BackYard Chickens › BYC Forum › Raising BackYard Chickens › Chicken Behaviors and Egglaying › Excellent layers vs good layers with and without supplement lighting
New Posts  All Forums:Forum Nav:

Excellent layers vs good layers with and without supplement lighting - Page 2

post #11 of 16
Thread Starter 

Hi, yes, I am on Bainbridge Island.  Thanks for chiming in.  This will be my first go at chicks and they are from Privett Hatchery which supplies all the local feed store chick sources.  I am going to get twelve to start things off.  4 of each, Blue, Silver and Golden just for variety and hope that this creates an even and balanced dispositioned flock.  My first flock was a mixed breed group and I got them when they were about 3 or 4 months old so that is my only reference from experience.  This is going to be a great learning experience I suppose.  If it doesn't work out I will rehome them and start over probably with a produce bird like Red/Black Star or RIR perhaps.  I just figured that the Wyandottes would be more interesting since they are so beautiful.  Since I am raising these from chicks and I am retired, I am home a lot and can give them some individual attention, I am hoping they become friendly and stay docile once pecking order is established.  They are not crowded and will be hand fed live meal worms or scratch every day in addition to organic pellet feed as staple.  Don't quite know what to expect for egg production since the reviews and experience on different threads at this website are pretty much all over the map.  Lots say great dependable layers and continue laying through winter.  Others report the opposite, and say they are either mean or flighty and so so layers with poor production in winter.  I suppose with substitute lighting they can be forced to lay through the short days, but I am more inclined to not force winter laying as I don't want to burn them out prematurely.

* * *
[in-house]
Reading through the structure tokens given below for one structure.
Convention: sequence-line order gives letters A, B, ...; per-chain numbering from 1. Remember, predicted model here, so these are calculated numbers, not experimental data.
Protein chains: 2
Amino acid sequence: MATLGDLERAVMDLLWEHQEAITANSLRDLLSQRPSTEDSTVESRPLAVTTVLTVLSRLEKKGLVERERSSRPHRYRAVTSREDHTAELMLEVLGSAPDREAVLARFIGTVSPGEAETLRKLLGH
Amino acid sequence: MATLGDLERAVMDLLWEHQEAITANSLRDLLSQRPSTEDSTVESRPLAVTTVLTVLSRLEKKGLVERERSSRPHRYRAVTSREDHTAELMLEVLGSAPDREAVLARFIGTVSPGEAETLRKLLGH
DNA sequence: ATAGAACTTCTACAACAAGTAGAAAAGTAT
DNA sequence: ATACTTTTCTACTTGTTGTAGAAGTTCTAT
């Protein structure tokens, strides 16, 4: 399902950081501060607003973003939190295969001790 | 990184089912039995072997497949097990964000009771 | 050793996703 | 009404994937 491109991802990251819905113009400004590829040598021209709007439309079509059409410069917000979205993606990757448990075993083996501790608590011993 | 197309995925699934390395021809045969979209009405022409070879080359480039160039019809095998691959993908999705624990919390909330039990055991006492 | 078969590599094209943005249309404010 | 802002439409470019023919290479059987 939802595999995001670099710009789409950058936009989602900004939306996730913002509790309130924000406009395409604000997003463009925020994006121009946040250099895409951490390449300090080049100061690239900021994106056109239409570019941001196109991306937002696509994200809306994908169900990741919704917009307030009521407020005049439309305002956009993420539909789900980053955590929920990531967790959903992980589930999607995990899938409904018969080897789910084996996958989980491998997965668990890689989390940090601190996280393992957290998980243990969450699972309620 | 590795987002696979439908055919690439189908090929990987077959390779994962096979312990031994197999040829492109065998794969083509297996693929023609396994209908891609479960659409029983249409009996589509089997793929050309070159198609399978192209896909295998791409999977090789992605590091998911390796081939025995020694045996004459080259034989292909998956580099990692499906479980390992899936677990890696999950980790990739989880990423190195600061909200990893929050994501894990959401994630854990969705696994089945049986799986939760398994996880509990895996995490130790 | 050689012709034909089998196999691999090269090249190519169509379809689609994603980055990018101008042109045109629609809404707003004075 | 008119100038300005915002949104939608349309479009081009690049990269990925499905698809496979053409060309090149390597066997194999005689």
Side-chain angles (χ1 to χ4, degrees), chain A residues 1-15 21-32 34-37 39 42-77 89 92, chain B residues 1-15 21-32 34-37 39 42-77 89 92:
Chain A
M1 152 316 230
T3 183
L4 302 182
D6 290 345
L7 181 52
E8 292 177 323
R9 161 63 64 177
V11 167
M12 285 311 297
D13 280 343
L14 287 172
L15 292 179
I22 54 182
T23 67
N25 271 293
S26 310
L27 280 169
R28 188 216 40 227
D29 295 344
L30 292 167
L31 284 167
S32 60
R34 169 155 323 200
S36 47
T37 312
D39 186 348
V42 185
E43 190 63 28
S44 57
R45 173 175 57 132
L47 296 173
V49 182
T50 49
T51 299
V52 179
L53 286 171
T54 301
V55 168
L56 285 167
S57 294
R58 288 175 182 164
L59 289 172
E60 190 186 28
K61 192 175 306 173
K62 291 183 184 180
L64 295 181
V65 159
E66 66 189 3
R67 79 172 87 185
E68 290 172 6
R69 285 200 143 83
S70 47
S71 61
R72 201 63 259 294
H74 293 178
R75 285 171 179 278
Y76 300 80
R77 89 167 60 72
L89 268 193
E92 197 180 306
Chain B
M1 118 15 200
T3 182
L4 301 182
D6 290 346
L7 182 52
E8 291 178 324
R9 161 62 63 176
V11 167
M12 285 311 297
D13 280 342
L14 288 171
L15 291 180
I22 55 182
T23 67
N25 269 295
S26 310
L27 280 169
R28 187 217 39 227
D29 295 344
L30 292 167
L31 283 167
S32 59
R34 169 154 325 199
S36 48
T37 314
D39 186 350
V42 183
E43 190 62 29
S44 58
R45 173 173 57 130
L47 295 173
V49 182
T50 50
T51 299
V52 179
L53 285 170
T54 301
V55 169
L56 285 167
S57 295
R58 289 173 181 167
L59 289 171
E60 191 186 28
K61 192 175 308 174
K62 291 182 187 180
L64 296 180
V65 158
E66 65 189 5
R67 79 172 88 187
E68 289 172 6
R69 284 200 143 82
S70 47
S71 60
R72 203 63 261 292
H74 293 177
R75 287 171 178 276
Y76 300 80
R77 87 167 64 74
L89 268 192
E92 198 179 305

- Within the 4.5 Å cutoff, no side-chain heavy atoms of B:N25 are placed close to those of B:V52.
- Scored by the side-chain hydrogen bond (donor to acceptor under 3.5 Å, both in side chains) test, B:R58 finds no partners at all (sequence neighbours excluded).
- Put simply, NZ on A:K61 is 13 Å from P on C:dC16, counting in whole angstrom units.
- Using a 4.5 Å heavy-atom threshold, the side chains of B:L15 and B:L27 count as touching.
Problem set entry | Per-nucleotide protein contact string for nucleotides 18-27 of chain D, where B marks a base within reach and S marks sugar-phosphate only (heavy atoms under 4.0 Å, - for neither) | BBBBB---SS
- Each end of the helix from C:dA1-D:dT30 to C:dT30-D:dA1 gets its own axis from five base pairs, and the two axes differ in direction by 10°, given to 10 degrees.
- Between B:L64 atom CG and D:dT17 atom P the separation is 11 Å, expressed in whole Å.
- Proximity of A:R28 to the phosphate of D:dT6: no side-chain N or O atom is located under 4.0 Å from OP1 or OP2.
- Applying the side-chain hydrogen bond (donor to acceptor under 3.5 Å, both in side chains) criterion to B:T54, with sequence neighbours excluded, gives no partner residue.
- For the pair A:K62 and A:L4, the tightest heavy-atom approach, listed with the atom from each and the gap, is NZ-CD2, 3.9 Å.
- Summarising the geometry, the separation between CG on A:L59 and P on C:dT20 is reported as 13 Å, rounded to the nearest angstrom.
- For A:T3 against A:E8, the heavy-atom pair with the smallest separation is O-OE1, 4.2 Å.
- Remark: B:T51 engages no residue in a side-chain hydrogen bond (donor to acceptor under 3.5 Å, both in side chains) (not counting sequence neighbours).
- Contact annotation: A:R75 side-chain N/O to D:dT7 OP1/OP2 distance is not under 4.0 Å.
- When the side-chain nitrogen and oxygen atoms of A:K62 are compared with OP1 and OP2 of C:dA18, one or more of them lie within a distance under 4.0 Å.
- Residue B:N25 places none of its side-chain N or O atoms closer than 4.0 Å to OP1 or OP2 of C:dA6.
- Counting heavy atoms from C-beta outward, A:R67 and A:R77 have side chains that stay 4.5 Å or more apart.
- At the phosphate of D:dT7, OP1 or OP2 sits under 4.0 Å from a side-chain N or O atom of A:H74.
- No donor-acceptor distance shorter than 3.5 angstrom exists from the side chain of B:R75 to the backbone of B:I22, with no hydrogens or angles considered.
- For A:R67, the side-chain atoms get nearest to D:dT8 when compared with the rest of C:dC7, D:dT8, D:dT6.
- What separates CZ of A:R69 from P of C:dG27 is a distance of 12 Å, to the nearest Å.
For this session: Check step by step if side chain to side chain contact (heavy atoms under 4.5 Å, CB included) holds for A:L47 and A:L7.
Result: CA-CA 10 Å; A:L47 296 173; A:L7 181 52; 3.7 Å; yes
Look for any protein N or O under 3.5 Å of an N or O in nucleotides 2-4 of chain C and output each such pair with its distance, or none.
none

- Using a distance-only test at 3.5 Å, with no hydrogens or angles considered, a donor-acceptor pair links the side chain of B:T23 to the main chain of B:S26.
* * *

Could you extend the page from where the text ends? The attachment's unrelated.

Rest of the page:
I appreciate any one else who can offer their experience with this breed or anything else.  Thanks

post #12 of 16

Breed doesn't always show a consistent behavior.......

......much can depend on specific genetic lines as well as environment, management style and flock dynamic.

Tho many birds bred for plumage, both hatchery stock and show stock, often have production take a back seat.

 

Most birds will lay thru their first winter without light, subsequent years they rarely lay thru winter without supplemental lighting...even high production birds.

 

Keep reading, you'll learn a LOT your first year.....have fun!

Great article on VENTILATION, one of THE MOST IMPORTANT aspects of coop design.

Fantastic treatise to help decide how much SPACE your chickens need.

 

Chicken math is not just 'addition'...but also should include Division, Multiplication and especially Subtraction!!!

 

Quoting centrarchid:

"Make every effort to understand your chicken's biology and the environment that supports it."

Reply

Great article on VENTILATION, one of THE MOST IMPORTANT aspects of coop design.

Fantastic treatise to help decide how much SPACE your chickens need.

 

Chicken math is not just 'addition'...but also should include Division, Multiplication and especially Subtraction!!!

 

Quoting centrarchid:

"Make every effort to understand your chicken's biology and the environment that supports it."

Reply
post #13 of 16

I had a different experience than the others here. I had gold and silver laced birds from MMM. They were decent enough layers, probably 5 eggs a week during that first peak laying year. No behavioral issues, they fit in nicely with my mixed breed flock. They are heavier than my Rocks, Wellies and sex links, so they do eat a touch more for less egg production. That was fine as I eat my excess cockerels, though. And they're total eye candy :).  That lacing is just beautiful!